The human spine development clock recapitulation with pluripotent stem cells

Although Michelangelo’s masterpiece David captured the magnificence of the human body - how this exquisite body plan is exactly established during human development has puzzled scientists for more than a century. This has been largely due to technical limitations and ethical concerns associated with using human embryos in research.

However, now, work published in Nature by an international team of scientists have uncovered using their own mallet and chisel –a petri dish and induced pluripotent stem cells (iPSCs)– how the early stages of the human body plan are established.

Similar to other organisms within the animal kingdom, the human body consists of repetitive anatomical units or segments – a prominent example being the vertebrae of the human spine. The most primitive version of such segments in the human embryo, known as somites, arise from an embryonic tissue called presomitic mesoderm (PSM), and contribute to the formation of various structures including cartilage, bone, skin and skeletal muscle.

While previous work by the authors reconstituted the so-called segmentation clock, a molecular oscillator and dynamic ‘wave’ of gene expression required for the proper formation of human somites (somitogenesis), it could not recapitulate the complex three-dimensional (3-D) morphological and structural changes occurring during human body-axis development.   

In their new study, the authors using a cocktail consisting of human iPSCs-derived cells and Matrigel –a viscous gel compound enriched with extracellular matrix components– have now generated a 3-D model that can recapitulate the development of our early body plan in a dish, which they coined ‘axioloids’.

“(Our) axioloids capture, not only the oscillatory nature of the segmentation clock, but also the molecular as well as the 3-D morphological and structural characteristics observed during the process of segmentation and somitogenesis” says the senior author.

The authors focused initially on modelling the human segmentation clock, a major biological concept believed to underlie the rhythmic and controlled emergence of somites, which give rise to the segmental pattern of the vertebrate axial skeleton. They observed oscillatory expression of core segmentation clock genes, including HES7 and DKK1, determined the period of the human segmentation clock to be around five hours, and demonstrated the presence of dynamic travelling-wave-like gene expression in in vitro-induced human presomitic mesoderm.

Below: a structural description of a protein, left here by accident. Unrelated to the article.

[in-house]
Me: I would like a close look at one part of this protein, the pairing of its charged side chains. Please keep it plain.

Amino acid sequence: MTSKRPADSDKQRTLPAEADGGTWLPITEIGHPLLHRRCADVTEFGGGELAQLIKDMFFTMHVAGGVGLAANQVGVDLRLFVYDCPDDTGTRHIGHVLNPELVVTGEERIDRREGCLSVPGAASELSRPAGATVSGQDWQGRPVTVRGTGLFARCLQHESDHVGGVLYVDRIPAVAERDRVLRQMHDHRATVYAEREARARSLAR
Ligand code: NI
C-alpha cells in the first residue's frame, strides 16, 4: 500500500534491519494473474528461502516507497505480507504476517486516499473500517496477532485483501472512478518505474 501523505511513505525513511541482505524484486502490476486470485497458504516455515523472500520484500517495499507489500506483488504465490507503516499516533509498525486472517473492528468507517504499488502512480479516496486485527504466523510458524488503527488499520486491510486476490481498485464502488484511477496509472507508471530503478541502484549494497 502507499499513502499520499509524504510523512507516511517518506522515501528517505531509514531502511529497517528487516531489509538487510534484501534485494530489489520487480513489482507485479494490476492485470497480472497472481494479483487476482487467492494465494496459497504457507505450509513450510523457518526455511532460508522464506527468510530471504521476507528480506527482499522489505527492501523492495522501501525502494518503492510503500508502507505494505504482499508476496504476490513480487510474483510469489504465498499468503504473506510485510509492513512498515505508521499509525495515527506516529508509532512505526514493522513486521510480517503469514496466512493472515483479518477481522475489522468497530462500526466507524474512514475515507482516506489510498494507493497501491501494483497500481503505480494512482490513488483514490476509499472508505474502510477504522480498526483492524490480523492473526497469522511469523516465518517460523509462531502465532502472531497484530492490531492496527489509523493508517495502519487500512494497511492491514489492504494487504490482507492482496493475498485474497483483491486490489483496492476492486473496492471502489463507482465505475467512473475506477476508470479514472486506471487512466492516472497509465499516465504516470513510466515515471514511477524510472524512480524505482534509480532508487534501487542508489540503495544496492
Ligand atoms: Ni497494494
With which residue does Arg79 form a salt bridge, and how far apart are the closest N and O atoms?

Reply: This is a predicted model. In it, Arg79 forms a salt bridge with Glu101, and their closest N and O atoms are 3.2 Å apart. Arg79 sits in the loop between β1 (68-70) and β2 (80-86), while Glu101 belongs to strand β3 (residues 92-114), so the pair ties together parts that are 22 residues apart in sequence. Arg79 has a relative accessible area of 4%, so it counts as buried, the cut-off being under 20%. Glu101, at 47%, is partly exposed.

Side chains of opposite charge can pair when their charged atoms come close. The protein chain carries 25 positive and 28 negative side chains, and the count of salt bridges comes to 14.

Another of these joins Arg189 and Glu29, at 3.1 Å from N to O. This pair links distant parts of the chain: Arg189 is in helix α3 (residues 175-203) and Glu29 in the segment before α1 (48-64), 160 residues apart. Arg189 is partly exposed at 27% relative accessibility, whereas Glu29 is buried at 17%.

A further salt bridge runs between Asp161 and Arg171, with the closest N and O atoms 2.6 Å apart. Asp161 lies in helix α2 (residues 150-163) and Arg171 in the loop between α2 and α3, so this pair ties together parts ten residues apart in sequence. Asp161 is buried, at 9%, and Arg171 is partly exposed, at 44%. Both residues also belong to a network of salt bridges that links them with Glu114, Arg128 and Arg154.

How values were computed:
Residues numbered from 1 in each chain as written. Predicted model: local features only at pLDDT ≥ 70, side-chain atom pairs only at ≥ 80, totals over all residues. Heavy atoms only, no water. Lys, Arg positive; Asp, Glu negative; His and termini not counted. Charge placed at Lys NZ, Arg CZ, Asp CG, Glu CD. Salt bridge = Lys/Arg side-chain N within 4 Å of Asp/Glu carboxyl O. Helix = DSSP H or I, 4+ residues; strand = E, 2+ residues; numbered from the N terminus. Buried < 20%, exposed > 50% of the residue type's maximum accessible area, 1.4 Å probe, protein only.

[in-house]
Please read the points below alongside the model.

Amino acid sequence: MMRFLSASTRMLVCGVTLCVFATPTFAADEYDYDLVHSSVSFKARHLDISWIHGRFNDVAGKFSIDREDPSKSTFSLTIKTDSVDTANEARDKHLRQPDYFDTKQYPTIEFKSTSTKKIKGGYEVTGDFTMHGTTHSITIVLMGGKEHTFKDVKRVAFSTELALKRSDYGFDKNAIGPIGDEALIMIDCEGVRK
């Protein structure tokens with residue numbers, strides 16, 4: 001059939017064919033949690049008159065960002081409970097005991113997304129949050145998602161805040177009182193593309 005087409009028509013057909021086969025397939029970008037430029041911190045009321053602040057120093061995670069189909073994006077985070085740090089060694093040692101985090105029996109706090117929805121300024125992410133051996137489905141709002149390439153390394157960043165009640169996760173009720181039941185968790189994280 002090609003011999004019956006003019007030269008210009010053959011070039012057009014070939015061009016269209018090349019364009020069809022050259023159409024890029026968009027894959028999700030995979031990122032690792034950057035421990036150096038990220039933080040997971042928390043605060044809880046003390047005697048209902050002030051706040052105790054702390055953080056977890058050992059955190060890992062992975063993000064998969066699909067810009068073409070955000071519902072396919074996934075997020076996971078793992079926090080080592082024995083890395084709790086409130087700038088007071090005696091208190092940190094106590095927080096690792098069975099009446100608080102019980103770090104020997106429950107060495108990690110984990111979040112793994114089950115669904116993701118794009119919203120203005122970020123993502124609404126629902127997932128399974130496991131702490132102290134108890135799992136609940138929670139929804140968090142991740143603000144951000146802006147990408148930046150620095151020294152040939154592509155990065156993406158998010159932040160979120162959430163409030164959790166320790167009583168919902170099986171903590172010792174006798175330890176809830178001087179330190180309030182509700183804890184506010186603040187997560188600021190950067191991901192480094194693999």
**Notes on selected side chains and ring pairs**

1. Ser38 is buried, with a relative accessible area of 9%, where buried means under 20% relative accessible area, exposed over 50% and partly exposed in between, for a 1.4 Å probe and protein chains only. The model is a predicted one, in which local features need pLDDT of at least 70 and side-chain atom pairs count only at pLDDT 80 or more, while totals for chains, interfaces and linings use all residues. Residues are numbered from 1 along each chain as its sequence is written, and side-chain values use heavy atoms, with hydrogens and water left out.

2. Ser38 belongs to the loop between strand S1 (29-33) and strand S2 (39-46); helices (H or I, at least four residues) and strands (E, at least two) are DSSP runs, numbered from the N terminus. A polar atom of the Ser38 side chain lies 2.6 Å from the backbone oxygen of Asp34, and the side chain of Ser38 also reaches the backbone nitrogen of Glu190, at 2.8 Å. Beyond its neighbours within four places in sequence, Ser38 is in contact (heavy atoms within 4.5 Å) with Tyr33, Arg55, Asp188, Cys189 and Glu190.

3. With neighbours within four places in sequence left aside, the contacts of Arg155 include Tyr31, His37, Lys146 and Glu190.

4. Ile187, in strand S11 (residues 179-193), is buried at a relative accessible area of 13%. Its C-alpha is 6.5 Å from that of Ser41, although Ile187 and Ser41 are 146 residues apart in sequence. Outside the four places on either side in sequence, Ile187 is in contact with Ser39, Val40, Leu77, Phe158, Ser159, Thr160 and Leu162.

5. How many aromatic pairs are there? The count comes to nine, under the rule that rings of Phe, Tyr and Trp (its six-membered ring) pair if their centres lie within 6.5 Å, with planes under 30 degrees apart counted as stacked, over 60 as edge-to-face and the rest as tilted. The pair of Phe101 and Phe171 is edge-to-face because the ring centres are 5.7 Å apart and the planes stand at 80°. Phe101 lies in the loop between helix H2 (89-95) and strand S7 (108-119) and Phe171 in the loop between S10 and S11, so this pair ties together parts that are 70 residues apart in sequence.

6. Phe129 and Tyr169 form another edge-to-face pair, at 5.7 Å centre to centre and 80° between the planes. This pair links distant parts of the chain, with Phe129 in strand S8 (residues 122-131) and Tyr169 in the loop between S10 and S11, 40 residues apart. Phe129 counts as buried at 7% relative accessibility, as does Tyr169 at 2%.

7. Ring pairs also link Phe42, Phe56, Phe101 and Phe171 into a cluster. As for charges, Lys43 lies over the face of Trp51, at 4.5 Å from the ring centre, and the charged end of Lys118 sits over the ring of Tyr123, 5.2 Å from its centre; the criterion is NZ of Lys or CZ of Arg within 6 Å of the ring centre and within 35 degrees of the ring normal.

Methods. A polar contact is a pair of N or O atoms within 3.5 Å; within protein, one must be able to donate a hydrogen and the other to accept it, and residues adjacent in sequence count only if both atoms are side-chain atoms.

Furthermore, the researchers identified and compared oscillatory genes in human and mouse presomitic mesoderm derived from pluripotent stem cells, which revealed species-specific and shared molecular components and pathways associated with the putative mouse and human segmentation clocks.

Using CRISPR–Cas9-based genome editing technology, the authors then targeted genes for which mutations in patients with segmentation defects of the vertebrae, such as spondylocostal dysostosis, have been reported (HES7LFNG, DLL3 and MESP2).

By taking a bottom-up approach in their experimental design, the team identified a previously unappreciated functional role for retinoids, more commonly known as vitamin A and its derivatives, during somite formation. “Our bottom-up approach was critical to unravelling the role of retinoids during somitogenesis. It is likely that many researchers missed this essential role because vitamin A is a common supplement that usually gets included into culture media” comments the author.

When axioloids were compared to actual human embryos, they revealed “remarkable similarities to Carnegie Stage 9-12 human embryos, which is known to be a critical stage during human development where organs such as the brain and heart start forming” explains the author.

Lastly, using iPSCs containing mutations commonly associated with congenital spine disease, the authors demonstrated that axioloids can be instrumental in delineating how these mutations contribute to the pathogenesis of such diseases.

The senior author comments, “our (bottom-up) approach of generating axioloids have not only allowed us to uncouple fundamental biological processes, such as cell morphology and cell states, but it allowed us to determine how mutations contribute to spine disease” and the author continues, “we also anticipate similar strategies will become increasingly necessary in order to understand better the etiology and pathology of other diseases.”

These findings, together with another complementary study from researchers were published in Nature.